What is the density of wood?

This is one of those simple sounding questions that has a lot of possible answers.

For now, let’s keep it simple and ask something more specific:  If you are designing a timber structure to Eurocode 5 (EN 1995) what density do you use for the self weight? The answer should not the characteristic density of the strength class of the timber.  It should also not the mean density of the strength class of the timber.  Here is why:

When timber is strength graded it is assigned to a strength class on the basis that the three primary properties (strength, stiffness and density) are at least as high as those specified in the definition of the strength class.  The characteristic density is defined as the lower 5th percentile density at 12% moisture content.  This means that at least 95% of the pieces of timber  should have density that is higher than that value.  This is a lower bound value of density – for use in the parts of design where low density is problematic (such as charring rate and embedment strength).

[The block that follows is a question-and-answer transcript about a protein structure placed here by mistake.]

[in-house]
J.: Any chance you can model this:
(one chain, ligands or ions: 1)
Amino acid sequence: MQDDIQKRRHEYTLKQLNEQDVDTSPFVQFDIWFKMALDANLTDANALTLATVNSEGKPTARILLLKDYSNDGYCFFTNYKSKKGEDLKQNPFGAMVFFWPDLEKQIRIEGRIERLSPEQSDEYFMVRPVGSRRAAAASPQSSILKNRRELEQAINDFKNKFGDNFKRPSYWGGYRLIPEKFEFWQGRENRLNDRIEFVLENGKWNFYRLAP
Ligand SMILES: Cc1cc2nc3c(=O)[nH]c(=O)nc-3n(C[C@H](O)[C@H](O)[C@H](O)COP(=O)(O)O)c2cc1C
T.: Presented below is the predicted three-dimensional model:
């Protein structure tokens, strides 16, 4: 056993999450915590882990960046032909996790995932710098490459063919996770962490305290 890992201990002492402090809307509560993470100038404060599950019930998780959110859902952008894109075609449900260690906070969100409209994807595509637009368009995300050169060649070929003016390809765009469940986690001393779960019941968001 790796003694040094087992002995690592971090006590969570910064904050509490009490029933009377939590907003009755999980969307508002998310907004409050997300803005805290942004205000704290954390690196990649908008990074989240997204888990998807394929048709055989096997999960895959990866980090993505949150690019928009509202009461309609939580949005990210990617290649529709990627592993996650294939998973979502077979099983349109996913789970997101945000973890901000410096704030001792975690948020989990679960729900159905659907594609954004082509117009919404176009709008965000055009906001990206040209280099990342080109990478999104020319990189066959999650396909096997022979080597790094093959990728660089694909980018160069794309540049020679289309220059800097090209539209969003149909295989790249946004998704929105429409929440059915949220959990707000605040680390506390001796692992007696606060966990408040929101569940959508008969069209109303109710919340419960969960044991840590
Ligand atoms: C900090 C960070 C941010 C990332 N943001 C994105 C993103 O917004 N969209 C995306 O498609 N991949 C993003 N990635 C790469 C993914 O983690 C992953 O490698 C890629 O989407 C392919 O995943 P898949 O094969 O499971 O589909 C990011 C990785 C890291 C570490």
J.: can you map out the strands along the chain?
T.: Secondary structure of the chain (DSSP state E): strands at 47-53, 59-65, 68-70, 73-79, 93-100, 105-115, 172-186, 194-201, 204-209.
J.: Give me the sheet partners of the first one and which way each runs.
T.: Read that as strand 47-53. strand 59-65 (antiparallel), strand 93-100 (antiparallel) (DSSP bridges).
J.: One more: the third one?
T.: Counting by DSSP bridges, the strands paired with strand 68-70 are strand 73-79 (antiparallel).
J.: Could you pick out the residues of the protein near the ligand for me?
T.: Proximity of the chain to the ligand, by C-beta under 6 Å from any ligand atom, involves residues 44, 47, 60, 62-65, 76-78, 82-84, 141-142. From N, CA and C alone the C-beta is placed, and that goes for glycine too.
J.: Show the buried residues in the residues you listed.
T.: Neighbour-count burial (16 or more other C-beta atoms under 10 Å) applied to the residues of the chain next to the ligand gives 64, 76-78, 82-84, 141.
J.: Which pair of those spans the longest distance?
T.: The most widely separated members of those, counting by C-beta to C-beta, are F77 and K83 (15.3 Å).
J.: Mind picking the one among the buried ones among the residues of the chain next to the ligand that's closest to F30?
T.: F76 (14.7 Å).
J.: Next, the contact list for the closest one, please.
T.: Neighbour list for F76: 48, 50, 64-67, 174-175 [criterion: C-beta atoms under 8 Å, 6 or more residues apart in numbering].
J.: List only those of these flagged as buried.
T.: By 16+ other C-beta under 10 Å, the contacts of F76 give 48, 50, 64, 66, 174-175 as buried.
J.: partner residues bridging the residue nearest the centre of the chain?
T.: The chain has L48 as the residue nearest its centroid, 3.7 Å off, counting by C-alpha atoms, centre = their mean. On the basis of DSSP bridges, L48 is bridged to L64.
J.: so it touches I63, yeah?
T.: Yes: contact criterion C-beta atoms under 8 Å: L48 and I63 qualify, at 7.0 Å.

The mean density you see in the strength class definition (e.g. EN 338) is  calculated from the 5th percentile density (the equation is now in EN 384). This has an intrinsic assumption about the coefficient of variation of the density (validity of that assumption being a topic for another day) – but it is still a lower bound value of density. The true density of the timber may be considerably higher – and there is nothing within the way grading works, that considers an upper limit for density.

When you do self weight calculations you should be concerned about high values of density – not low ones.  You want to be conservative in the other direction – and use a upper bound estimate of density.  This is why you need to use the density values in EN 1991-1-1. If you look in there it gives you density values for wood in a table sorted according to strength class and….oh…you find these values are the same as the mean values in EN 338.  Oops.

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